The eighteenth century saw the flowering of a number of distinct approaches to the sympathetic emotions. Although Christian views did not cease to exert an influence, the notion of original evil was contested increasingly in favour of a view of natural goodness in which basic emotional equipment played a salient role. Hutcheson and Hume made the capacity for sympathy a basic part of human nature (see Hutcheson, F. §2; Hume, D. §3). Hume (1739/40) made many valuable observations about the role of sympathy in motivating moral conduct (see Moral motivation §6). But his conviction that desires and passions are basically noncognitive, and that reasoning is capable only of devising means to ends set by desire, led him to short-change many aspects of the passions that even his own concrete analyses at times acknowledge. Although he connected passions with a characteristic object, he seems not to have treated the connection as essential to the identity of the passion: a passion is simply a particular type of impression caused by the object. Hume’s enormous influence has led to the sharp split between passion and cognition that characterizes much modern Anglo-American thought (see Emotions, philosophy of §§3-4).

Rousseau gave the emotion of pitié, compassion, a central role in social morality (see Rousseau, J.-J. §4). Describing the education of young Émile (1762), he shows that the experience of being astonished and pained at the pain of another is an essential foundation for all society. Compassion leads us to recognize the vulnerability that all humans share, and to appreciate the pain that disasters of various types cause others. Thus, the emotion leads us to be sceptical of distinctions that situate some people as high above others, their fortunes as vastly more secure. Rousseau evidently thought that emotions, involving complex imagining and thought, convey moral information that it would be difficult to obtain in any other way. Accepting a version of the Stoic idea of original human innocence, he seems to have held that excesses in self-love derive from experience of unequal social conditions.

Adam Smith’s The Theory of Moral Sentiments (1759) provides one of the modern tradition’s most detailed analyses of the moral contributions of emotion. Heavily indebted to the Stoics, Smith develops a richly detailed account of the cognitive content of passions such as anger and sympathy. He differs with the Stoics on the normative question, taking up a more Aristotelian view about attachments to family and loved ones. His device of the ‘judicious spectator’, modelled on Stoic conceptions of self-scrutiny and conscience, gives the moral agent a way of estimating the point of propriety in passion: we are to ask what a concerned spectator, not personally involved, would feel at the events, and this will help us identify bias and irrationality deriving from our own personal immersion. Despite his positive view of sympathy and other emotions, Smith thought them inconstant and unreliable as guides to social choice, since he observed that we are most easily moved by events closest to ourselves: an earthquake in China means less to a person than an injury to his own finger (see Smith, A. §§2-3).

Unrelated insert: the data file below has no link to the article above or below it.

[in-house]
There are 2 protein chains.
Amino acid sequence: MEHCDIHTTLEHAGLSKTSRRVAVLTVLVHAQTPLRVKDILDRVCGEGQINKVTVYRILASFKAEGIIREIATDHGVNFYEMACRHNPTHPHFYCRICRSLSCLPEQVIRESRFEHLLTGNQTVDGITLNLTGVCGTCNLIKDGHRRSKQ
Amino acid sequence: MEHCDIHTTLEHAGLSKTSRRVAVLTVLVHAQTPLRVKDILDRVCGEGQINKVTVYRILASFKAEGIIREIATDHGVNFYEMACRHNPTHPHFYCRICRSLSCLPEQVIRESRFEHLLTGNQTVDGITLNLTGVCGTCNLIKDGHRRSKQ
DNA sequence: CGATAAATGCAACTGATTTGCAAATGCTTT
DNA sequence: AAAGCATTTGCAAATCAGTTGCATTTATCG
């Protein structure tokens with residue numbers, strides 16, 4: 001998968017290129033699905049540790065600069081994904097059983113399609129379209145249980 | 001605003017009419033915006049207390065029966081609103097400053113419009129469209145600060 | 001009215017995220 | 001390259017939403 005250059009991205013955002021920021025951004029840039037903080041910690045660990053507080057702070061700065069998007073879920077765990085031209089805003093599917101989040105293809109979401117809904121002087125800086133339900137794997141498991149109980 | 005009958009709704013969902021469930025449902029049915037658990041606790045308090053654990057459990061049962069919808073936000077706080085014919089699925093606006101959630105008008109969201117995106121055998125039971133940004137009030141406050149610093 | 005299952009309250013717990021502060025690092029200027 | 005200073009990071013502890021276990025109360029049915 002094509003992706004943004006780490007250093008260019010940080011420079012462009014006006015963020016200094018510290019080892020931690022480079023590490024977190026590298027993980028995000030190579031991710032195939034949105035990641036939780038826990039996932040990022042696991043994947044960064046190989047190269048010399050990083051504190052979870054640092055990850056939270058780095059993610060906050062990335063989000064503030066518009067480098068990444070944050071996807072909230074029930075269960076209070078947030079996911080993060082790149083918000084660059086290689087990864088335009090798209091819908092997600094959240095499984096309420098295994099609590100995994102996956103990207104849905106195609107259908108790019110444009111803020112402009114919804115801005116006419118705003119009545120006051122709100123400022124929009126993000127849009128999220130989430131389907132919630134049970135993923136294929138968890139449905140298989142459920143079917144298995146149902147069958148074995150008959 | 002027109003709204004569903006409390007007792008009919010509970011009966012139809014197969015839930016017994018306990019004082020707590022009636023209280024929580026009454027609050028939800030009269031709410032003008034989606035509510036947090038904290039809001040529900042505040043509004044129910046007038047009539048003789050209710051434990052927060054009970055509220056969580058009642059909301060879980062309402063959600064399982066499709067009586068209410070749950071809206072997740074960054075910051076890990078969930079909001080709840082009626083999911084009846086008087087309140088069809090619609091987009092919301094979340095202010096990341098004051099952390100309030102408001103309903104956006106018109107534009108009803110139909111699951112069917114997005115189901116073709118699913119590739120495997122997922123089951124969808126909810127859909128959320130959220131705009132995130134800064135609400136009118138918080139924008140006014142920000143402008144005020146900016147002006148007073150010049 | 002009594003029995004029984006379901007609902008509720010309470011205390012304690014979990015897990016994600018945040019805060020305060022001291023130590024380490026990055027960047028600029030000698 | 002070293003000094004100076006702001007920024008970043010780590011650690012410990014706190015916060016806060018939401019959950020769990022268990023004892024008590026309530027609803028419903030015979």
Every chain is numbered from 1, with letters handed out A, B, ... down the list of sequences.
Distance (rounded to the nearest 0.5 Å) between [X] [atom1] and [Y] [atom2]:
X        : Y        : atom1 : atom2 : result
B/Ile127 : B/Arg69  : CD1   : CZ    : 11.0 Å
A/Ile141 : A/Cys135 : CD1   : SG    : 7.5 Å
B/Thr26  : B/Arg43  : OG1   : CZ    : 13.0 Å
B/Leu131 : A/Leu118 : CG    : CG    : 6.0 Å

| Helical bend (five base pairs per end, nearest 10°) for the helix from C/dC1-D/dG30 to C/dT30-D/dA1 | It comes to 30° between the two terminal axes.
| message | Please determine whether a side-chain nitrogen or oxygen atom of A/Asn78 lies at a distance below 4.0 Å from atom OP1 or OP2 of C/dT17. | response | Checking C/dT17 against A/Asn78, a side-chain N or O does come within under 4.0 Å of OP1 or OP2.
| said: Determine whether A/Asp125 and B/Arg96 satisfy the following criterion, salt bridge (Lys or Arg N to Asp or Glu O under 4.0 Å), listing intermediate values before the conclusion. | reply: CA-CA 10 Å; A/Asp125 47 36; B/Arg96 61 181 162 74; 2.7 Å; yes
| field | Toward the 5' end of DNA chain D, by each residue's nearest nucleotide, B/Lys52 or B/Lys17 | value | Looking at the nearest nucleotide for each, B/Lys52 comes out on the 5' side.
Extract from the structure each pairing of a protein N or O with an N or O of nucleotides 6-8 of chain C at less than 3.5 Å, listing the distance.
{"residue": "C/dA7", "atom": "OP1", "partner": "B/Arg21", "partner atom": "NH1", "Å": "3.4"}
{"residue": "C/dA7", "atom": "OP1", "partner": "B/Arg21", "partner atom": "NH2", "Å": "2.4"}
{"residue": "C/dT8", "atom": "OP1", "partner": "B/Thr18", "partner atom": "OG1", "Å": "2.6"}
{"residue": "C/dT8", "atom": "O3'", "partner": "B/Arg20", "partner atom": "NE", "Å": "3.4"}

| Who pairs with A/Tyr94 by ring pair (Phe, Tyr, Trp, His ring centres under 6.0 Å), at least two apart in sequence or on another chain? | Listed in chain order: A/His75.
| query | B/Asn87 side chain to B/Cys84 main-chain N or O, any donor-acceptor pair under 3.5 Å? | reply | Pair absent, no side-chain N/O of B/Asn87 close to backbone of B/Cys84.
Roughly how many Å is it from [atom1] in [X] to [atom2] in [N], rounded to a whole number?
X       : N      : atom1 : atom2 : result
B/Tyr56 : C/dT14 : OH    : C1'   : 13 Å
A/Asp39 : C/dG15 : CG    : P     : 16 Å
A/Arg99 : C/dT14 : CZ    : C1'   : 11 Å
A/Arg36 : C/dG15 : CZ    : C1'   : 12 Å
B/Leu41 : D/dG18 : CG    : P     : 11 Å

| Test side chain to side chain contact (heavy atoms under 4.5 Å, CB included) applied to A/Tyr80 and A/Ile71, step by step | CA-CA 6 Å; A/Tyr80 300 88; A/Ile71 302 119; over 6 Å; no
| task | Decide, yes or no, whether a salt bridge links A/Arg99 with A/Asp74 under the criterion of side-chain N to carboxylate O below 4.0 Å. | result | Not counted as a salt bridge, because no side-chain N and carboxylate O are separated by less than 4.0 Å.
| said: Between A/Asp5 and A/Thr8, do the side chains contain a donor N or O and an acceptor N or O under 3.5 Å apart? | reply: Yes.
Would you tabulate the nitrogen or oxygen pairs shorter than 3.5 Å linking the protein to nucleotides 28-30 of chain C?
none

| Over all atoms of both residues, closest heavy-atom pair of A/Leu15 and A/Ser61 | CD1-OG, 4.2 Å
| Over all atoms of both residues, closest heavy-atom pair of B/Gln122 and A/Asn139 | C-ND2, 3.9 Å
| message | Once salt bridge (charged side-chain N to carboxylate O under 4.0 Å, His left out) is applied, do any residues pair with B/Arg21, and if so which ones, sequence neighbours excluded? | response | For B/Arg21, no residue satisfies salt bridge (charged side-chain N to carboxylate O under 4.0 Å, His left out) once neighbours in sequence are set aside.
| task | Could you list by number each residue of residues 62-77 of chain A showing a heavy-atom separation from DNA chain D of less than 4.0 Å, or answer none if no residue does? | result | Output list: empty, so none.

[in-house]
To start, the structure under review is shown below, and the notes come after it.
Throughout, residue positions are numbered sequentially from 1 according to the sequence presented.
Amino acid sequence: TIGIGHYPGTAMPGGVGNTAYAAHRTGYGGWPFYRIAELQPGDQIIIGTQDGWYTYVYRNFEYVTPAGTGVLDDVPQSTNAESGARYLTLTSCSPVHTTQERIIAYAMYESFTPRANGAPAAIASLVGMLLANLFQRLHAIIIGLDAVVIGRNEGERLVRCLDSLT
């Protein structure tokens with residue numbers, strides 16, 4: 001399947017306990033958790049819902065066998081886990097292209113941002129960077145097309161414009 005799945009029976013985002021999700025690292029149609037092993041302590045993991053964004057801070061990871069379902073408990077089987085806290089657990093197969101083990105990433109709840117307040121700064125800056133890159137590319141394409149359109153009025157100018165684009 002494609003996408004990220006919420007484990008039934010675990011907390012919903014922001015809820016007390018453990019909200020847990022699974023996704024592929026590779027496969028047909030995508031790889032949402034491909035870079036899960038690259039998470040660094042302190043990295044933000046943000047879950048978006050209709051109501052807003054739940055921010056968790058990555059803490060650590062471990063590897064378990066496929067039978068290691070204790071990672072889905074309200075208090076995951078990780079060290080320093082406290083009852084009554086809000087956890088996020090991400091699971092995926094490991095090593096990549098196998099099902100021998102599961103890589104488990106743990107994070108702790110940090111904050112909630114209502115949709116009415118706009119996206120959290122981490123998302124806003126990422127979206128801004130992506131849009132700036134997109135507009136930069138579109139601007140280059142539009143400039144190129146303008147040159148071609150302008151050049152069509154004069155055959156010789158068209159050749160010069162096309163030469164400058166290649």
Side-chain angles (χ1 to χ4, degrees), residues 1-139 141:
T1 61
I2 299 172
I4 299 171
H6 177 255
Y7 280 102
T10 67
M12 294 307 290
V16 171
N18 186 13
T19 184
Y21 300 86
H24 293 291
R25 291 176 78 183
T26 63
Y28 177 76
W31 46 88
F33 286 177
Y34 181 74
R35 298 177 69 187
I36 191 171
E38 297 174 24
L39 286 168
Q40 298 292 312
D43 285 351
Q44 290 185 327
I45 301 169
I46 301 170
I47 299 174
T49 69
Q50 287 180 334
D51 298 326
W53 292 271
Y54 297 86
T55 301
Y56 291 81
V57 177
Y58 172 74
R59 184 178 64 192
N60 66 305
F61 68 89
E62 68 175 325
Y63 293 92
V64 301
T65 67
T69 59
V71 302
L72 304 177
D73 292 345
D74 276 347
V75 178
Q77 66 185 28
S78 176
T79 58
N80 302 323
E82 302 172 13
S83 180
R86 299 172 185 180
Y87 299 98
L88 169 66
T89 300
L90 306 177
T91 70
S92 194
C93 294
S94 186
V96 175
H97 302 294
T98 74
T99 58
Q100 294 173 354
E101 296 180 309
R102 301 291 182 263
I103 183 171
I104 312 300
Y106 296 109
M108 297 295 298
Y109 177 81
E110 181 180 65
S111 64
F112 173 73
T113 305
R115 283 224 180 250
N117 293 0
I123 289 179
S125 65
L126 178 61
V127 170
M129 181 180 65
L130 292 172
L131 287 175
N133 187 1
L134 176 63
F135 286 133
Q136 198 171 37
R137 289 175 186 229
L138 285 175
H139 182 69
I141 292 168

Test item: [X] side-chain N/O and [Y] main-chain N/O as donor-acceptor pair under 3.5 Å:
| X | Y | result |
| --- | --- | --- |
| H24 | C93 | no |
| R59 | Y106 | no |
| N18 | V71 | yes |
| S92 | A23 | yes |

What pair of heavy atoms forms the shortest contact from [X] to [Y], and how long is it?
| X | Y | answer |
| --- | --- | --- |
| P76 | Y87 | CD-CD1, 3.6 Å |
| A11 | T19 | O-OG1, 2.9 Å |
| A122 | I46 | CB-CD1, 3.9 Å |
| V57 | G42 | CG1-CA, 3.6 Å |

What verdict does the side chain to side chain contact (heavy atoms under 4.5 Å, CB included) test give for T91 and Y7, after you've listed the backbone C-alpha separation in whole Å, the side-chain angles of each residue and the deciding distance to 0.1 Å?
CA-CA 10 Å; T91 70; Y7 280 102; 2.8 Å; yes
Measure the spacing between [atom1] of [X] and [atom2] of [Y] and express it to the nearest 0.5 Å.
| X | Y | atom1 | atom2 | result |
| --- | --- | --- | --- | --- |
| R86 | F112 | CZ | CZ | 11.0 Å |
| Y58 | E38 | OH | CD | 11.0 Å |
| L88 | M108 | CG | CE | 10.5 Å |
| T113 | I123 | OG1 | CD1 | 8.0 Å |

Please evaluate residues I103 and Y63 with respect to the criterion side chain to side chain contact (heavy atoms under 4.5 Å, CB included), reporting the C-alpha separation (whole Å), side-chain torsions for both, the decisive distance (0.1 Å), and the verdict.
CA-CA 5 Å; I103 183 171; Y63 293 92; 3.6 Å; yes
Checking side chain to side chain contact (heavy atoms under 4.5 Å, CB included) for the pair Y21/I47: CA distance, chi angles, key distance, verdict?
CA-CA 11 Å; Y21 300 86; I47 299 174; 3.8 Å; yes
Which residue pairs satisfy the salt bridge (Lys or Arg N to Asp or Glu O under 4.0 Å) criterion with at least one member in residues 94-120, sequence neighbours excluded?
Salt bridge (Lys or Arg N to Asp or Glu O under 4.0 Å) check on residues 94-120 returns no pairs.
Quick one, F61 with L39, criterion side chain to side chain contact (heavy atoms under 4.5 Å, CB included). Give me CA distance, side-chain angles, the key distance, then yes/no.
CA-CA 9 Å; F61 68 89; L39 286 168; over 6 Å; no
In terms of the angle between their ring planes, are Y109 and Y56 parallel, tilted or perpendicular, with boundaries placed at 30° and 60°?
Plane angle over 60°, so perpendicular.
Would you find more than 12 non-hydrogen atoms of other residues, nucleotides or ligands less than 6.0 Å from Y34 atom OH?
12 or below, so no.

Another philosopher who defended the fundamental role of compassion in morality was Schopenhauer (1840). Criticizing Kant, he argued that all genuinely moral action must be grounded in other-directed emotion (see Schopenhauer, A. §6). Imagining compassion as involving a mysterious union of the self with the other, he leaves the reader unclear as to precisely why it is not, therefore, a form of self-concern. Schopenhauer’s account had, nevertheless, tremendous influence in a culture dissatisfied with duty-based views.

6 Contemporary views: influences from psychology and anthropology

The middle of the twentieth century saw the rise of noncognitive views of emotion in both behaviourist psychology and in Freudian psychoanalysis (see Behaviourism, methodological and scientific; Freud, S.; Psychoanalysis, post-Freudian). Philosophers such as Anthony Kenny, Robert Solomon, Robert Gordon, William Lyons, Ronald de Sousa and Michael Stocker have by now demonstrated the poverty of such accounts and our need for some type of cognitive view (see Emotions,nature of §2). (Kenny also in the process offered cogent criticisms of Hume’s elusive and influential account.) During this period, cognitive psychology was itself evolving. By now, psychologists no longer expect to be able to give purely behavioural accounts of emotion in terms of stimulus and response, and most of the dominant accounts hold that emotions are a form of intelligent interpretation in which an animal takes in news of how things are in the world with respect to its most important goals and projects. Richard Lazarus (1991) has argued that emotion’s evolutionary contribution is best explained this way: emotions give animals information that is essential to survival. Psychologists generally agree that we have reason to credit many animals at least with the capacity for complex appraisals suited to this account of emotion. Their work has enriched the philosophical debate.